Organizers of the Holiday Reimagined pop-up market at Edina’s Galleria mall had hoped to promote shopping local without drawing too big of a crowd. They required free, timed tickets to enter and provided contactless ways to shop.

But after Gov. Tim Walz announced new COVID-19 restrictions last month, they decided to cancel the in-person event altogether.

“We thought we had the ideal event planned, with safety being the number one thing in mind. Of course, bringing people together is what we love to do, but it’s the wrong thing to do right now,” said organizer Mollie Windmiller, owner and creative director at marketing company LAB MPLS.

Instead of an in-person market, Holiday Reimagined is now a contactless display, where window shoppers can purchase locally made goods like abstract painted ornaments or hand-embroidered sweatshirts by scanning a QR code with their phone. It’s running through December in the windows of the former Gabberts store.

Plenty of Minnesotans have pledged to shop local this upended holiday season to support community makers and small businesses. But with many holiday markets going virtual, keeping it local might be a bit harder this year.

Alternatives to Amazon still abound for those willing to make a little effort. Shoppers can explore Minnesota artisans’ work online in many places — from individual websites and Etsy pages to the shelves of local shops that are available online.

They also can outsource the search entirely by purchasing curated gift boxes, relying on virtual personal shoppers and curbside pickup at local shops or doing it the old-fashioned way: in-store shopping. (Many, but not all local shops are open, but limit the number of shoppers.)

Minneapolis candlemaker Emma Remer, who refills vintage containers with scented wax to make her Burnboss Candles (, decided to offer virtual shopping appointments on her website in place of in-person markets.

“I’ve missed those experiences and connections this year and hope these online appointments can recreate a bit of that magic,” said Remer, who plans to shop locally online and through social media.

“I’ve seen many local, small businesses getting extremely creative with their approaches to holiday shopping this year,” she said. “It’s vital that we show up and support them now so they can be a part of our community for years to come.”

Virtual markets

Most of the holiday markets and pop-ups in the Twin Cities have gone virtual, with pages that link to vendors or display goods. You can shop them without leaving your couch — from the Black Business is Beautiful holiday market ( to the online holiday shop created by the Northeast Minneapolis Arts Association (

Some, like St. Paul’s European Christmas Market (, also offer streaming music and story times with Santa. The American Swedish Institute’s Julmarknad virtual holiday market ( includes free Zoom panels with some of the featured artists on Dec. 5 from 10 a.m. to 4 p.m. And the Minneapolis Craft Market (, a digital marketplace with more than 230 makers, also hosts live shopping events on an app called Popshop Live.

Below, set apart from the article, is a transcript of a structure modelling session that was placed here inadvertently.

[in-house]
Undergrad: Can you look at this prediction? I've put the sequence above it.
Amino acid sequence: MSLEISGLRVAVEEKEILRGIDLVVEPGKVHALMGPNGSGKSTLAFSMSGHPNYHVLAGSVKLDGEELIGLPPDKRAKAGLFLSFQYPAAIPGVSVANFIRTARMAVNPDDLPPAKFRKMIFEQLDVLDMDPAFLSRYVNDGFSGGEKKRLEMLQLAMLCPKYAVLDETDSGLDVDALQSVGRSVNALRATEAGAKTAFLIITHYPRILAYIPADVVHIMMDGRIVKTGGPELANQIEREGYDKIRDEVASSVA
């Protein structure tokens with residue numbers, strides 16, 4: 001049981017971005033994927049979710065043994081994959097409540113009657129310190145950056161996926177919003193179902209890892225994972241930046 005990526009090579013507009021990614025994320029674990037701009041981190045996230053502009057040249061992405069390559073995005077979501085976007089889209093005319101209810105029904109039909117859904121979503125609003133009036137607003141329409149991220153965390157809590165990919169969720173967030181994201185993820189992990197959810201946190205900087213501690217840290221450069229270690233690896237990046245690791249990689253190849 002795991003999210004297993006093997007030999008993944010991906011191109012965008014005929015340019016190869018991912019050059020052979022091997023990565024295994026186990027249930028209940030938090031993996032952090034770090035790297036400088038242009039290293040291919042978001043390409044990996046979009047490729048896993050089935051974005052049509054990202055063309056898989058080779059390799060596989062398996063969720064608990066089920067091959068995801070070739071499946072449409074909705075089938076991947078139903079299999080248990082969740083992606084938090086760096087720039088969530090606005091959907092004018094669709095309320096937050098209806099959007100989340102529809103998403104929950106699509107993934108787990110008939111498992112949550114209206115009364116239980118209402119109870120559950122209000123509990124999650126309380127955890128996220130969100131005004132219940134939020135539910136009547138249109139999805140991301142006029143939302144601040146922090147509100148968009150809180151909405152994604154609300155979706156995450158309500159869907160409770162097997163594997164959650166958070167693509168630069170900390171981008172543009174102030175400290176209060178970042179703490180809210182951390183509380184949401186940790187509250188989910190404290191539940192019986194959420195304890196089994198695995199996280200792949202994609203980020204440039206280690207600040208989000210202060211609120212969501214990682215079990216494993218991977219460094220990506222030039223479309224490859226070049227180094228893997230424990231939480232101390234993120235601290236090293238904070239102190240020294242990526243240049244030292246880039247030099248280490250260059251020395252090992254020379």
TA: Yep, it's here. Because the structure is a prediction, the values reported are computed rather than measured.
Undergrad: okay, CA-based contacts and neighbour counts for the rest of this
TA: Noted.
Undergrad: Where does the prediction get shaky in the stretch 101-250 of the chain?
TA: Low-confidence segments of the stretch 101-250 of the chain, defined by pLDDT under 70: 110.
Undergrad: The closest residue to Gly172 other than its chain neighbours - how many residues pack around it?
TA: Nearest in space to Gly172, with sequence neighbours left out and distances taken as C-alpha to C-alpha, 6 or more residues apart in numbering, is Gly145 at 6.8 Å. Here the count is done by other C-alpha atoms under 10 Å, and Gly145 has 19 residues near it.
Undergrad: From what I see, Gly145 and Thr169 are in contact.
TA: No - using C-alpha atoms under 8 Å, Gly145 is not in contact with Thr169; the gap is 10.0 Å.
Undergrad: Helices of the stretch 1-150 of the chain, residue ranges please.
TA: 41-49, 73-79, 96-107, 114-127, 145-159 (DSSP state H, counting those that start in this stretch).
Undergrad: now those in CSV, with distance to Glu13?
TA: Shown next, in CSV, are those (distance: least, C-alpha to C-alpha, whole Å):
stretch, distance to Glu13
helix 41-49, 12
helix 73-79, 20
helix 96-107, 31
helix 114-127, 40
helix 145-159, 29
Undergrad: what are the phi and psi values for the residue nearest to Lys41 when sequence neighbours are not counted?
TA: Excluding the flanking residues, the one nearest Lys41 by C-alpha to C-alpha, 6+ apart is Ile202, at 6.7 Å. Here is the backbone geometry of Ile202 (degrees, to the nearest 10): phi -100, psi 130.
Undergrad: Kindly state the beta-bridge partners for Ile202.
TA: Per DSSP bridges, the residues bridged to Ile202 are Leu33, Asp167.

Curated gift boxes

Gift boxes full of goods from Minnesota artisans and small brands that ship directly to your loved ones are an easy way to shop local. A growing number of businesses are offering gift boxes. Minny and Paul ( has more than two dozen options, with themes like chocolate and caffeine and rustic happy hour.

Duluth-based White Spruce Market ( boxes sets with a focus on northern Minnesota makers, and Twin Cities online boutique Winnie Lu ( also has several, packed with goods like Minneapolis-based Kind Lips lip balm, on offer.

Local shops

Small Twin Cities shops like Patina ( and Mischief Toy ( are offering virtual shopping appointments, where store staff tour the merchandise and offer suggestions via Zoom.

Like many small shops, St. Paul vintage store Up Six Vintage ( offers curbside pickup and private shopping appointments, but it’s also assembling unique vintage “swag bags” at a range of price points.

Not all websites are easy to navigate, but some — like Forage Modern Workshop (, which is closed to in-person shoppers — manage to recreate the browsing experience online.

In addition, there are online-only ways to shop locally, like the new web portal, which collects Twin Cities brands in one place.

Custom and personalized

Some local artists are booking Zoom portrait sessions, creating custom digital portraits, painting homes by looking at a provided photo and making other super-personal gifts. It might be too late to have something to wrap for Christmas, but if you’d like to give an experience, this is a fun and personal option.

Minneapolis painter Lisa Luck ( is taking Zoom portrait bookings (in 15-, 25- and 45-minute sessions) for 2021. Minneapolis artist Lindsay McCall creates custom watercolor paintings of homes ( And Rosalie Quintana ( and Adora Vang ( are some of the many Minnesota artists creating digital family portraits.